Parenting In A Pandemic
As a pediatrician and mom of four, I have been following the growing area of research in pediatric mental health over the last few years, including the study of adverse childhood experiences. Given the current information overload, I wanted to share the single biggest way we can help kids through this time without causing long-term consequences.
Think for a minute about a boxer’s glove. The function of the glove is to provide padding for the hand. It is a shock absorber. When a hand with a glove punches a hard surface, the thick padding absorbs a lot of the shock of impact. The glove allows the hand and arm to get stronger while absorbing enough of the impact to prevent breaking bones or other injuries.
In the same way, parents, or primary caregivers like grandparents or foster parents, play the role of buffer or shock absorber for the kids in their care. It’s not that we want to wrap kids in bubble wrap and prevent any stress from reaching them. That would not prepare them for life as an adult. Rather, we want to be present to help them navigate the life stresses they are experiencing in a way that helps them learn they can do hard things, solve problems, learn how to respond better next time or just grieve a loss and move forward in life.
How does a parent do this well? A lot of it is instinct if you have grown up with a nurturing caregiver who did this for you. However, some parents did not grow up in a nurturing home. Sometimes, as adults we have to practice new skills to give our kids a better chance than we had.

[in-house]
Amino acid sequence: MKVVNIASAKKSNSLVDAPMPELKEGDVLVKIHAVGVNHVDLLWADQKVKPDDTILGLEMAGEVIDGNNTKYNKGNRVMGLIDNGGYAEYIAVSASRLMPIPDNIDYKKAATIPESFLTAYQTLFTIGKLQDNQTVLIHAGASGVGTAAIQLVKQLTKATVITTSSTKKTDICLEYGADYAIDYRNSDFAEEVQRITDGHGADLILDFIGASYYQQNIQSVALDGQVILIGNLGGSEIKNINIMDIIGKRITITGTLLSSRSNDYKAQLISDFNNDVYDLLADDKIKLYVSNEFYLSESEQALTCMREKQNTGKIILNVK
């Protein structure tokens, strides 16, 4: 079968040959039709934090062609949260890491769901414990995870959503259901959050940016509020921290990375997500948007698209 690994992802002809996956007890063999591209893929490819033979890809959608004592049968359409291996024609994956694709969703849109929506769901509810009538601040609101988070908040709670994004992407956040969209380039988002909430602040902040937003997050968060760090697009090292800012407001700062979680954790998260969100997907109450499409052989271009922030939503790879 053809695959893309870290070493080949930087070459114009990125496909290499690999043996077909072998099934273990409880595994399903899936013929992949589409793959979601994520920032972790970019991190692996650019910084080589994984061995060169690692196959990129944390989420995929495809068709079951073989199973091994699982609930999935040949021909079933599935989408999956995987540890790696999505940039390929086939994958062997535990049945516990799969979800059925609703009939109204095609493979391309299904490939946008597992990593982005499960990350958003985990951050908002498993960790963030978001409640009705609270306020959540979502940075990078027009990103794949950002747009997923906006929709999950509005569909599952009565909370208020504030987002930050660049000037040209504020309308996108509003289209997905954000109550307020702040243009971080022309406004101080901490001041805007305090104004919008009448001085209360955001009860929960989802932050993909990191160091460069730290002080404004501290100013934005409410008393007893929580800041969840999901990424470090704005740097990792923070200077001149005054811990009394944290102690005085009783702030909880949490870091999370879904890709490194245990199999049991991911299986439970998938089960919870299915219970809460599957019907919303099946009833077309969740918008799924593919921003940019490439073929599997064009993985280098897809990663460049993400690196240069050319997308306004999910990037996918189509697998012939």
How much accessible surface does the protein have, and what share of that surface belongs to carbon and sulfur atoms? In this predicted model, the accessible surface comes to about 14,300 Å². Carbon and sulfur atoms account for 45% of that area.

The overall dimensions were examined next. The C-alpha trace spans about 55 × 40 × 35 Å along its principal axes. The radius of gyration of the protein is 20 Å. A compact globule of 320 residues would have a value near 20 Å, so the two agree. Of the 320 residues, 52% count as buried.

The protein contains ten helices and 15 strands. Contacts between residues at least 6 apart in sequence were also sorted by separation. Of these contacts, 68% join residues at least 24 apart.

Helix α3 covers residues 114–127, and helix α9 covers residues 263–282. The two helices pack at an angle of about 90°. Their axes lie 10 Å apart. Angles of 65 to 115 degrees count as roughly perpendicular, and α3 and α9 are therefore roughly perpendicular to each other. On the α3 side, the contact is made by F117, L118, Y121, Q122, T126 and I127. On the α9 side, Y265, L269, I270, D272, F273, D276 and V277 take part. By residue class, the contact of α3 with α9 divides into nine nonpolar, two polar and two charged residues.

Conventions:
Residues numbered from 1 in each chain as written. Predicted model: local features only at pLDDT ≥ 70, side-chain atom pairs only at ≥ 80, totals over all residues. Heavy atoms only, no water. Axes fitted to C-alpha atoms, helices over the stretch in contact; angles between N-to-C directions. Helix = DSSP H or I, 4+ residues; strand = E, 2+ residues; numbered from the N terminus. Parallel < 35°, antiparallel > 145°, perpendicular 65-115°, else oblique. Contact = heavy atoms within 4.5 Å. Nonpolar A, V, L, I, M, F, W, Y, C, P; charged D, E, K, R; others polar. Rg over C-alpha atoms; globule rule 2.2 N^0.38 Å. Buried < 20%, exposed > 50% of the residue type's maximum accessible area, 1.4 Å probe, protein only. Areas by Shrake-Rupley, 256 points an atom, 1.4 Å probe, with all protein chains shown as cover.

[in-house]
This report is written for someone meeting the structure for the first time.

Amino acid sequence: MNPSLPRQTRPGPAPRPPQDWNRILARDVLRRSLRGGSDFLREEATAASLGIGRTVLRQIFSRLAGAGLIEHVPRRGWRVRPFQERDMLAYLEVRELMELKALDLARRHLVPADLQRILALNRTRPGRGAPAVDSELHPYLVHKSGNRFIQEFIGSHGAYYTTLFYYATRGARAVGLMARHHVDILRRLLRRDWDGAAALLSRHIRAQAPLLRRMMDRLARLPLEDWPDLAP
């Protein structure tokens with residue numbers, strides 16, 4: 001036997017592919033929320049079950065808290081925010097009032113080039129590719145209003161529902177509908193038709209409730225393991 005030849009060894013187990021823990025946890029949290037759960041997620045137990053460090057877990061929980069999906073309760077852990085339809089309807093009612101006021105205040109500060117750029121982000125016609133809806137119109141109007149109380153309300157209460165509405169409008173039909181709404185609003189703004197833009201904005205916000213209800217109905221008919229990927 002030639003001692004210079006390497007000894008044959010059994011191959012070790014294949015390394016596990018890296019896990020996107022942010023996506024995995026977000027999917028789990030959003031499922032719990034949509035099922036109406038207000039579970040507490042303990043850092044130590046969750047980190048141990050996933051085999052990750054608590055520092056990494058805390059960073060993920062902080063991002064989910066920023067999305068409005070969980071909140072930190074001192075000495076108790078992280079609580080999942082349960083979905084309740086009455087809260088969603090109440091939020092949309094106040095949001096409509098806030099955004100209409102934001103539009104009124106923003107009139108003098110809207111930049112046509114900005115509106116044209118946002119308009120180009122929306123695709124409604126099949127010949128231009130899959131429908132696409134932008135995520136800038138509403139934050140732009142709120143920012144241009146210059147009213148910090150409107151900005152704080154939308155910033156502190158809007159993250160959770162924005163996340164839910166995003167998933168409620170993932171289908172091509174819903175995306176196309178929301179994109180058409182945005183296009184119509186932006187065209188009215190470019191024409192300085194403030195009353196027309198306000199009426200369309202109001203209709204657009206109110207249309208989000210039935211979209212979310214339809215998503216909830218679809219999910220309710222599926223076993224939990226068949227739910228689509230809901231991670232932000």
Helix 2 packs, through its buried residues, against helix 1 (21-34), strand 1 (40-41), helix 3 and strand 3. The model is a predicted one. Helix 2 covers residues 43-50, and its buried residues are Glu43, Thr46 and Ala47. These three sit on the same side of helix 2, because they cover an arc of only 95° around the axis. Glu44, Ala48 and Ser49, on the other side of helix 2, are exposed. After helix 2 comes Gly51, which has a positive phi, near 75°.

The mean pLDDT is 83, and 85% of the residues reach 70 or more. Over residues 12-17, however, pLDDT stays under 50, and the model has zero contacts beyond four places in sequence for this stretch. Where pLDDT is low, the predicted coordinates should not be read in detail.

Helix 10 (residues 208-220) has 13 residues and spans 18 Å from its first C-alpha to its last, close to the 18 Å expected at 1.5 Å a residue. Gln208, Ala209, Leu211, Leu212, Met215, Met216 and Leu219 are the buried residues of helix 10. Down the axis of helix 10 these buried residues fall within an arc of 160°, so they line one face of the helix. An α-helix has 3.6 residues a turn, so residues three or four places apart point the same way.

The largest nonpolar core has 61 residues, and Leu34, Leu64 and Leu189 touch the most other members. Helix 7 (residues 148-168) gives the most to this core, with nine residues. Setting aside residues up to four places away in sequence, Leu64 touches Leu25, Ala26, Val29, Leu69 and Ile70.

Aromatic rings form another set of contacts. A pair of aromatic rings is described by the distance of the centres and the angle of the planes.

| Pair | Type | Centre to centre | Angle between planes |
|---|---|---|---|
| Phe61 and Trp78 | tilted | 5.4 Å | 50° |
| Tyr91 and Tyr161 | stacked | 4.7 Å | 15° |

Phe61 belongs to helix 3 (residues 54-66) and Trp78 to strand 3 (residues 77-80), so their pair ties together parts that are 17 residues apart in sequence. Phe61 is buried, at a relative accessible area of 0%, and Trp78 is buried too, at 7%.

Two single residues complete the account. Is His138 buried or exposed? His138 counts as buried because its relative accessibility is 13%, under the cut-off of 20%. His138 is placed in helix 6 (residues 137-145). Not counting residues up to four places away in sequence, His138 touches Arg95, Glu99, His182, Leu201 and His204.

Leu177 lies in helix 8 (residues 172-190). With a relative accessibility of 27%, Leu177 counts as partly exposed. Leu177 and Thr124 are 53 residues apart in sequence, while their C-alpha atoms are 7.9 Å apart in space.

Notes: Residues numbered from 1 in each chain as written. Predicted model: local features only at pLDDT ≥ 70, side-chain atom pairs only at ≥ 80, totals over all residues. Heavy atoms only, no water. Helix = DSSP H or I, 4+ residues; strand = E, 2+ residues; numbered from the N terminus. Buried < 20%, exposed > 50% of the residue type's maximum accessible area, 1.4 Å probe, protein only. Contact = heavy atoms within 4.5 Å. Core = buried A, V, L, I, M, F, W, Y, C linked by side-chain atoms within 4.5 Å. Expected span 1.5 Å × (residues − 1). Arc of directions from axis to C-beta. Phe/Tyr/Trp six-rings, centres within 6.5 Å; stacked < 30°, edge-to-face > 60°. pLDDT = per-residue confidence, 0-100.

For kids and parents who have already suffered traumatic events, especially during childhood, they may be even more affected by this feeling of uncertainty. They may also have less ability to put feelings into words. Supporting adults can help by talking through feelings of uncertainty in a calm way, putting thoughts into words.
Many people also benefit from journaling, artwork and music as a way of processing feelings. Good information for parents and grandparents dealing with their own stress can be found at stresshealth.org and developingchild.harvard.edu/.
Adults who are suffering from big losses such as loss of a family member through death or divorce, or loss of a job may need to put all their energy into processing their own feelings.
When this happens, they may become unable to act as the buffer for their kids. It becomes necessary for other adults to step in and support that parent and their children. In this time of isolation, it’s important to stay socially connected in whatever way we can. It does take a village to raise children especially during difficult times.
If you are an adult who is struggling with your mood right now and you think it may be affecting how you interact with your children, the best thing you can do for your family is to get help for yourself.
You can call your family doctor or the Oklahoma Department of Mental Health and Substance Abuse has a great website as well as phone numbers you can call to get help. You can text TALK to 741741 or call 1-800-273-8255. Nearly half of all adults (46%) will have a mental health diagnosis requiring support during their lifetime.
People who have never needed mental health support before are likely to during this time. It is common and treatable so don’t be afraid to reach out for help so that you can continue to do the best job of buffering for your children.
Dr. Laura Shamblin, MD, is an Oklahoma City pediatrician, founder of TraumaInformedMD.com and sits on the board of directors for the Oklahoma Health Care Authority and the Oklahoma Chapter of the American Academy of Pediatrics.
The above is an op-ed published by the Tulsa World at https://www.tulsaworld.com/opinion/columnists/dr-laura-shamblin-parenting-in-a-pandemic/article_f85b17ef-4029-531b-810d-cdd32a9fecbe.html
Laura Shamblin, MD
Editor-in-chief of TraumaInformedMD.com